Microsoft pushes faster, touch-friendly IE11 preview onto Windows 7

Microsoft Internet Explorer 11

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Microsoft pushed a preview of its Internet Explorer 11 to Windows 7 users on Wednesday, adding a bit more speed to its already touch-friendly features.

To those who chose to download Windows 8.1 a few months ago, IE11 should be a familiar tool. But the IE11 for Windows 7 preview may be a new experience for most Windows 7 users, even if its release was a virtually foregone conclusion after Microsoft came out with the IE11 for WIndows 7 developer edition at its Build conference in late July.

Although Microsoft still claims that the IE family is the fastest browser on the planet, the company has highlighted its emphasis on touch. On Windows 7, IE11 Release Preview is 9 percent faster than IE10, which is a 5 percent improvement from the IE11 Developer Preview, and more than 30 percent faster than the nearest competitive browser, Sandeep Singhal and Rob Mauceri, wrote in a blog post announcing the release. In July, Microsoft claimed that its Chakra Java engine within IE11 is 20 times faster than IE10, and 15 times faster than the latest versions of Chrome and Firefox.

Microsoft claims that the IE11 Release Preview produces a SunSpider 1.0.1 score of 137, versus 218 for Chrome 29 and 199 for Firefox 23. (Chrome and Mozilla also have published their own Javascript tests, including Krakenmark for Mozilla.)

Nevertheless, Microsoft’s mantra is that “touch is the new fast”. In fact, the video that Microsoft has released—as part of its self-deprecating “The Browser You Loved to Hate” campaign—barely mentions speed at all. Instead, it focuses on the numerous tabs that IE can have open at any one time, the ability to zoom, its multitouch capabilities, and the ability to “click to call,” launching Skype from a snapped window on the same screen.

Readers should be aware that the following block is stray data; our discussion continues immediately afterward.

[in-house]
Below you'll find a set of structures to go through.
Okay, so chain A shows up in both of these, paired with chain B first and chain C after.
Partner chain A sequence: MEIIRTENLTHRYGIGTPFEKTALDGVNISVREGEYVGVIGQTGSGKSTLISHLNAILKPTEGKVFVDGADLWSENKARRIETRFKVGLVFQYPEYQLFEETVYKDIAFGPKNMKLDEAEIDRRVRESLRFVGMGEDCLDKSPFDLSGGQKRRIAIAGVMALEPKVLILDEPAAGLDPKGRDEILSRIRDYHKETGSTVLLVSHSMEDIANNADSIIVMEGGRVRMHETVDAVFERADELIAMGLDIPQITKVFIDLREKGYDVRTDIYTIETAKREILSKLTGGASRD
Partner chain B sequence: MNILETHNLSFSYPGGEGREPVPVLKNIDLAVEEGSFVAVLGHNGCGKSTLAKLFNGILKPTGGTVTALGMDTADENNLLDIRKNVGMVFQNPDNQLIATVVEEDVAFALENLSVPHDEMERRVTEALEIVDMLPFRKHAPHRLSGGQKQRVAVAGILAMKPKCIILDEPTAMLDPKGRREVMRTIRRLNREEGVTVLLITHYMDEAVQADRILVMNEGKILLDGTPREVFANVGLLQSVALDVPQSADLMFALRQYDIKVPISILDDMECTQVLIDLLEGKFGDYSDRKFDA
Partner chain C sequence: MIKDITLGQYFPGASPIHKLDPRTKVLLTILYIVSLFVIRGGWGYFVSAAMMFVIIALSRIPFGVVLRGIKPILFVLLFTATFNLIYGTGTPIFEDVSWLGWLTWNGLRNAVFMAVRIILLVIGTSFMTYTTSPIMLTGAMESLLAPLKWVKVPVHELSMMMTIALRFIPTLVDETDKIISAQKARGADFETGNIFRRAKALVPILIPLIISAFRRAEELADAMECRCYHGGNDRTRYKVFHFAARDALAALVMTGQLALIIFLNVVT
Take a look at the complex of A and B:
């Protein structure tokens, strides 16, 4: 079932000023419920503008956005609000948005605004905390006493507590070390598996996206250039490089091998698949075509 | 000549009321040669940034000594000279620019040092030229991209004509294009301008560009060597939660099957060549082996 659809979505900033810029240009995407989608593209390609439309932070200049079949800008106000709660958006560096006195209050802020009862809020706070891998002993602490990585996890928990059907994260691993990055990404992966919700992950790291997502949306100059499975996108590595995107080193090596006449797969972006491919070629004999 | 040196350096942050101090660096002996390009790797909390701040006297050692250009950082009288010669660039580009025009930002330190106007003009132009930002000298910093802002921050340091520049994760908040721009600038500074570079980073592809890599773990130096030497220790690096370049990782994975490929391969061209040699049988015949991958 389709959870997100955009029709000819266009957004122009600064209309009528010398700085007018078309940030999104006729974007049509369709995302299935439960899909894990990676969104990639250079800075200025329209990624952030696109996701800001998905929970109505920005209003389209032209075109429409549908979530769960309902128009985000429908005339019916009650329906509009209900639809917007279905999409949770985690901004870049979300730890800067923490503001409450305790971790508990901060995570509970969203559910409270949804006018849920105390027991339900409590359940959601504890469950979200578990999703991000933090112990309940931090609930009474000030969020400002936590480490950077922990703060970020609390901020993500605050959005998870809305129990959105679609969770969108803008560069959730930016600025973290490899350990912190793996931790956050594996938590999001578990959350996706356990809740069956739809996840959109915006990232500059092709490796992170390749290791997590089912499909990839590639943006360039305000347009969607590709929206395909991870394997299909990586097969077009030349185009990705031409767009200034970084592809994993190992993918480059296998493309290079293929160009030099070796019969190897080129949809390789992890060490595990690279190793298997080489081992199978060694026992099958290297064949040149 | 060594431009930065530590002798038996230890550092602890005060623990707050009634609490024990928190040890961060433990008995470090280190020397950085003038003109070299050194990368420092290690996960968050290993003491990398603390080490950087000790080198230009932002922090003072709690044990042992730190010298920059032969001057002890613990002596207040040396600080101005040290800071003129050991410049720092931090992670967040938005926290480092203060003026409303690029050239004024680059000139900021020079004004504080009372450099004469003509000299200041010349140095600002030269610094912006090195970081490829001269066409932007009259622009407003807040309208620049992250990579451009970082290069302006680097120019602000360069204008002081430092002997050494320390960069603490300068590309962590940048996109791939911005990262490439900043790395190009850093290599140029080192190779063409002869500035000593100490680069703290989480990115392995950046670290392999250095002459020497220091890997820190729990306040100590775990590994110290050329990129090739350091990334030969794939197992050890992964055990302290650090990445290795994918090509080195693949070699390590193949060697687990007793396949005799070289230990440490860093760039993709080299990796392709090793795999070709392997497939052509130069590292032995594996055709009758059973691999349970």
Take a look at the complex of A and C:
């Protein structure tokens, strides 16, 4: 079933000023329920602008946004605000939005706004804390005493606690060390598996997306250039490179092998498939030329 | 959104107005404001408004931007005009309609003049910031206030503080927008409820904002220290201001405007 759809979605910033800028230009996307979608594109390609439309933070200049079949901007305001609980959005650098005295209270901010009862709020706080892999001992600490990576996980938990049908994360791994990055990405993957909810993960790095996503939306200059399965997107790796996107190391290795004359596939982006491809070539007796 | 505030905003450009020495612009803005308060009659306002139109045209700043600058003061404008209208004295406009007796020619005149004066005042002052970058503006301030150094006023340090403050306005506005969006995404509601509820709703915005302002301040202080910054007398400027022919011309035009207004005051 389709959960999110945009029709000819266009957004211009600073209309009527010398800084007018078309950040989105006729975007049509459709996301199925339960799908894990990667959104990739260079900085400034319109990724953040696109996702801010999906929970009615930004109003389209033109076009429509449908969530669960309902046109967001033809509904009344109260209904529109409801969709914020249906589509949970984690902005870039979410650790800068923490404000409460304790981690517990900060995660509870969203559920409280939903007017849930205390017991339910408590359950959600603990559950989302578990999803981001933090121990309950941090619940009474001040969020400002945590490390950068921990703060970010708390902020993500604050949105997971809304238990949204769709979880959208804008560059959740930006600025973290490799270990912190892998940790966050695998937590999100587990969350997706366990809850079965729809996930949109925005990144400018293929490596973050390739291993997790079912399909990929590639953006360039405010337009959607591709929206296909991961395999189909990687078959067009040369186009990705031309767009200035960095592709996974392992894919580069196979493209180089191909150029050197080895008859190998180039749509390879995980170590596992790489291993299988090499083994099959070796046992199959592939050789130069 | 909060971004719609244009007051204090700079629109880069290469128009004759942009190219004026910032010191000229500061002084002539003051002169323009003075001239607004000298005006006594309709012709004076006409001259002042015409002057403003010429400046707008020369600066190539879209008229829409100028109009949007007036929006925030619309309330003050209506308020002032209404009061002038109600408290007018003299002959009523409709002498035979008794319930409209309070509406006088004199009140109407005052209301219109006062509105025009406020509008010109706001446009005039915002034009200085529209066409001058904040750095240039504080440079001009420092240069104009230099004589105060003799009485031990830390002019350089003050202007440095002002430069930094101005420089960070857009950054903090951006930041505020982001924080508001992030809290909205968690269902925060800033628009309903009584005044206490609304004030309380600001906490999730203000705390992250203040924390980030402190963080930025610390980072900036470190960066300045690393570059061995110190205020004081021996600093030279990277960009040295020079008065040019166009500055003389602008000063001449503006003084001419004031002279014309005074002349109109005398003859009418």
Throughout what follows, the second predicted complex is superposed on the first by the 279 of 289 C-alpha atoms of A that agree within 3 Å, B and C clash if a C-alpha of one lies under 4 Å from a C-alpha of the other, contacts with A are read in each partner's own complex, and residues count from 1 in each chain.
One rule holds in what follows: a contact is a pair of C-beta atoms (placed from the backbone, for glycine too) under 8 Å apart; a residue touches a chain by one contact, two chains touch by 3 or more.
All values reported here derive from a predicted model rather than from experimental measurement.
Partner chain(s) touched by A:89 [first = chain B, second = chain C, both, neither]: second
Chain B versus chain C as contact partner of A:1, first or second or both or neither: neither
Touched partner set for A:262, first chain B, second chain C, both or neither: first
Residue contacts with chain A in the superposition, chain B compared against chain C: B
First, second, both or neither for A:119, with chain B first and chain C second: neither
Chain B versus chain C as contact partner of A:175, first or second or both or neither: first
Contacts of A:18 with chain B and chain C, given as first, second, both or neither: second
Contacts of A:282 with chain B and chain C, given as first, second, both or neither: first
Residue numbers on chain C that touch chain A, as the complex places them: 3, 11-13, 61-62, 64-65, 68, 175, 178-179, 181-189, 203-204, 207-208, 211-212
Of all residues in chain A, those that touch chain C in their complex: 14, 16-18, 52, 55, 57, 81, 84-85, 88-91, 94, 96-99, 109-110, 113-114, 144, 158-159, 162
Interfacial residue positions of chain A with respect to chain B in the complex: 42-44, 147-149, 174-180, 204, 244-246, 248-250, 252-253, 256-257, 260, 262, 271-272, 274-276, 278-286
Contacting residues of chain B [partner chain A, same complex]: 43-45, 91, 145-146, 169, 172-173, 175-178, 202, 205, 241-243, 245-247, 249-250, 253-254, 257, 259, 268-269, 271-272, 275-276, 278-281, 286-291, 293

Since the developer release, Microsoft has added a pair of under-the-hood enhancements: an un-prefixed version of Pointer Events, hardware-agnostic pointer input from a touchscreen, stylus or a mouse; and new user controls for closed captioning, even superseding the formats set up by the original source. IE11 also ships with numerous developer enhancements.

As Microsoft indicated at the time of the developer preview, though, there are several enhancements that make IE11 appealing: it’s the first to support the W3C Resource Priorities standard, enabling websites to dictate which portion of the page is loaded first. In addition, IE11 supports prefetching and prerendering, so that IE11 can make intelligent guesses as to which link you’ll click next, and begin loading and rendering the page. The browser also supports the SPDY network protocol, enabling some sites to load even faster. And when it does so, it taps into the GPU hardware within the PC to render the page, freeing up the CPU for other tasks. Finally, IE11 includes support for WebGL, enabling graphical trickery like the virtual representation of Mt. Everest (above) by Glacierworks.

Microsoft’s right—you’ll probably choose a browser less for its speed these days than for its integration with a particular search engine, its plug-in capability, and whether or not you share that browser across other PCs or mobile devices. And if you’re on Windows 8.1, the full version of IE11 will be available for that browser when Windows 8.1 is generally released the night of October 17. Still, for IE users who remain on Windows 7—and especially for those on older browsers—upgrading is a no-brainer.

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